By Alec Wooden
There are plenty of ways Stephen Kellogg, frontman of Americana rockers Stephen Kellogg & The Sixers, could have celebrated his band’s 1000th show. In the end, he chose to do it in a way that would be impossible for anyone to forget; by enshrining the performance in a life CD, Live From The Heart, recorded live from Irving Plaza in New York City. With the record in hand, Kellogg is able to reflect on all it took to hit 1000 shows — the idea of longevity, making the best of bad situations, and what he wishes he’d known starting out.
Let’s start with Live From the Heart. Bands will sometimes describe the feeling of listening to a live record in the mixing process as sort of an odd sensation, because they’ve often only listened to recordings of the studio versions of tunes but not actually themselves doing them songs in the moment. Did you get that sensation at all as you were listening through this record?
We learned a lot from listening to this record. It was mixed very, very fast so there wasn’t a ton of time to experience the sensation you describe, but I know what you mean. We’ve actually been recording most of our shows since this record.
What will this album always represent to you?
The first 1000 shows and the idea of longievity.
Is a lot of your image of this record encapsulated in the title?
I am a super “heart on sleeve” guy, so it’s representative on that level. But also, we’ve always put a higher value on authenticity over accuracy, for better or worse.
1000 shows in just over seven years as a band is a pretty good pace. How do you keep sane out on the road?
We have postcards on our rider that I write home to my girls and the company of the other SK6ERS is pretty fantastic.
What are some of the most-repeated habits guys have picked up along the way?
Too many to name. Being in a band is like a benign sort of gang. You have your own codes, understandings, inside jokes – it’s another kind of family and it’s a special thing to be a part of. Wherever my life takes me, this experience will always be a major part of it.
Not surprisingly, with 1000 of them under your belt, you’ve made much of your name off a well-refined live show. Has it ever been a challenge to channel that same energy and vibe into the studio? Did you feel like you did it on The Bear, and how so?
It’s always a challenge to get an album to feel like a giant PA and light show, but there are certain songs on The Bear that sound exactly the way we would live because they were actually recorded live (“Mabeline,” “See Yourself,” “May Day”). Having said that, I’m not sure that what makes for a good live show always makes for a good record. I’m excited about the new studio album we’ve started work on because it’s sonically different than anything we’ve ever done – and thematically it’s familiar but super inspired.
What’s something you know now that you wish you’d known starting out?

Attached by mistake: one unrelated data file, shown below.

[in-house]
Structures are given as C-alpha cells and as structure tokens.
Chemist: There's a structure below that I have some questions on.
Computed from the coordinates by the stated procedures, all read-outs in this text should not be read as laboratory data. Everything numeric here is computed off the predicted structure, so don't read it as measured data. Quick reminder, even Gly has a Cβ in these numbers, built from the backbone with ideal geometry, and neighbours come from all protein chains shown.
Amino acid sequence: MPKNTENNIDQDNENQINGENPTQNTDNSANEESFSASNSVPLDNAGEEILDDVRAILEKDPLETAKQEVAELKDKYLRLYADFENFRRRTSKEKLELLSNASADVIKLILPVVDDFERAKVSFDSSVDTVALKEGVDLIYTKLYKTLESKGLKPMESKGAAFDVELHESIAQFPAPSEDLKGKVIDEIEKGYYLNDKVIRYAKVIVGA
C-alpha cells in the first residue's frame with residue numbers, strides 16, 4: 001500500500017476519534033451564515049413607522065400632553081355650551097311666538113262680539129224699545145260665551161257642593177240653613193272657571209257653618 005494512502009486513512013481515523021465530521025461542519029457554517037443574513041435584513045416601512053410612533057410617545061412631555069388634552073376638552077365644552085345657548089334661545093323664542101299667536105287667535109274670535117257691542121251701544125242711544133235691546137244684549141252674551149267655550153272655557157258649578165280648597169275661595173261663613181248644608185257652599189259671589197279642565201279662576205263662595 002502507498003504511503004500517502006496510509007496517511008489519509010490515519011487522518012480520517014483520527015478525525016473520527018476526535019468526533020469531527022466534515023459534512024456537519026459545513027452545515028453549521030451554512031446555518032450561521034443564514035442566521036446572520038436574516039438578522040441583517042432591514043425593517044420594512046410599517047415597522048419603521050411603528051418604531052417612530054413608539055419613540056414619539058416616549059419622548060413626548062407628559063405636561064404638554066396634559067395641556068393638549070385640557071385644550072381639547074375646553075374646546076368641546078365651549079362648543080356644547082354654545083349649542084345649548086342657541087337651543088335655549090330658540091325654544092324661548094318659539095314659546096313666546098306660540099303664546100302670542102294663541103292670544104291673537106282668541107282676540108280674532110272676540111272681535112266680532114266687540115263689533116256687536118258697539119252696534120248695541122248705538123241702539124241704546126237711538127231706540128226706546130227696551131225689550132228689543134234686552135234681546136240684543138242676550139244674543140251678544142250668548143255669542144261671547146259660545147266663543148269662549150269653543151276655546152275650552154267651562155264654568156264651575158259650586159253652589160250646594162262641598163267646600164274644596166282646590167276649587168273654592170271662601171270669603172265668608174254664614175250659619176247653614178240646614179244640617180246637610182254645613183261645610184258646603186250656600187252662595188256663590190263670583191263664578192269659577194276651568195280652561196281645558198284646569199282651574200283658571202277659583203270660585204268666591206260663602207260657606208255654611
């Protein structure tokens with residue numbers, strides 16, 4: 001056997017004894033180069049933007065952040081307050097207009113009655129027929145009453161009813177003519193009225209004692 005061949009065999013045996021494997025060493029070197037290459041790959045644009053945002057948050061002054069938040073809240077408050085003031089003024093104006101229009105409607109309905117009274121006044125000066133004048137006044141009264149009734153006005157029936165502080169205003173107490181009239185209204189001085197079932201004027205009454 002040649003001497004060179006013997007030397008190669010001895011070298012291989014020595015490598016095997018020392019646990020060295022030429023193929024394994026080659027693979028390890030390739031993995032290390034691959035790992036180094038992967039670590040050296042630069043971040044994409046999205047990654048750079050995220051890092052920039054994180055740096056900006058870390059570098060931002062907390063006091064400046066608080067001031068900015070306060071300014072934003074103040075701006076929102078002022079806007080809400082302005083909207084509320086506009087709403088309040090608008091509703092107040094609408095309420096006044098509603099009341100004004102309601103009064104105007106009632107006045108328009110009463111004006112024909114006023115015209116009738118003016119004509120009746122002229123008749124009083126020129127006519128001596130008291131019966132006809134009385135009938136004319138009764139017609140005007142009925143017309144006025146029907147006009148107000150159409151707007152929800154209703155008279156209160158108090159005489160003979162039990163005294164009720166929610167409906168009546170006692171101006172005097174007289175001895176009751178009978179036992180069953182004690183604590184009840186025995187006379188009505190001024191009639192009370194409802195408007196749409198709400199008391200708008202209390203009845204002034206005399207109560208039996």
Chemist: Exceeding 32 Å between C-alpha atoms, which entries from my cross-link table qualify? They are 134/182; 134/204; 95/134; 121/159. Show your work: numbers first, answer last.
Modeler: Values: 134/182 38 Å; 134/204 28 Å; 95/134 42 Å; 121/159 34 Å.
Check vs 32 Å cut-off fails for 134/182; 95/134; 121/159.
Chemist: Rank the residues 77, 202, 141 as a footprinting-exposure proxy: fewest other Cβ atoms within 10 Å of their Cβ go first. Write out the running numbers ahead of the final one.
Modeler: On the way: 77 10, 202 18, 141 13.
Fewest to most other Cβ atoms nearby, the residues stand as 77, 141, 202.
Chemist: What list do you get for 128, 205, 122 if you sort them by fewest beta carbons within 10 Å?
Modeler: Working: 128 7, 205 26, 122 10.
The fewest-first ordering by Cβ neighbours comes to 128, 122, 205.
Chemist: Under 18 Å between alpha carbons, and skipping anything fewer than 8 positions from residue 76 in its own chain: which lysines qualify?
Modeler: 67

I wish I had known – really, really known – that if you take care of the art, the art will take care of you. Lots of young musicians are kind of hung up on “what people can do for them” and it’s really about what you can do for people. If you can move them artistically, doors open for you.
What’s something that inspires you, or has inspired you, that might surprise people?
One of my favorite things to do is to read biographies, history books and literature. I cry more than I think a man really should, I absolutely think America is the greatest country in the world, I’m a little OCD and not actually that laid back, [and] I often make my set lists with my shirt off. How’s that for a start?
Is there a particular song, or songs, that everything you hear it, you wish you had written it?
Definitely. “Like a Rolling Stone” (Bob Dylan), “Right Me Up” (State Radio), “In Your Eyes” (Peter Gabriel), “Omaha” (Counting Crows) … there are quite a few.
Looking ahead, what’s exciting about the music industry from where you are in it? What’s not?
It’s taken me personally a while to get over the fact that social networking sites like Facebook, Twitter, Myspace, etc., are actually kind of anti-social. But fighting the tide is no fun, nor remotely necessary, so recently we’ve been embracing it all more and trying to offer fans of the band more thing that we find interesting about other bands. You can really stay connected with you fans.
I’m sure you’ve been booked in some pretty odd, non-traditional, or just straight up hellish places. How have you, as the performer, made sure you’re making the most of every night – and what mentality do you need to keep doing that in the future?
There are many speed bumps along the way. The important thing to remember is that the word doesn’t owe us anything. It’s our job to make music that touches people’s hearts. We have a choice to do this job or try our hand at another job, and we choose this job, so when we encounter rough situations, move through them.
Stephen Kellogg & The Sixers play The Loft, September 27.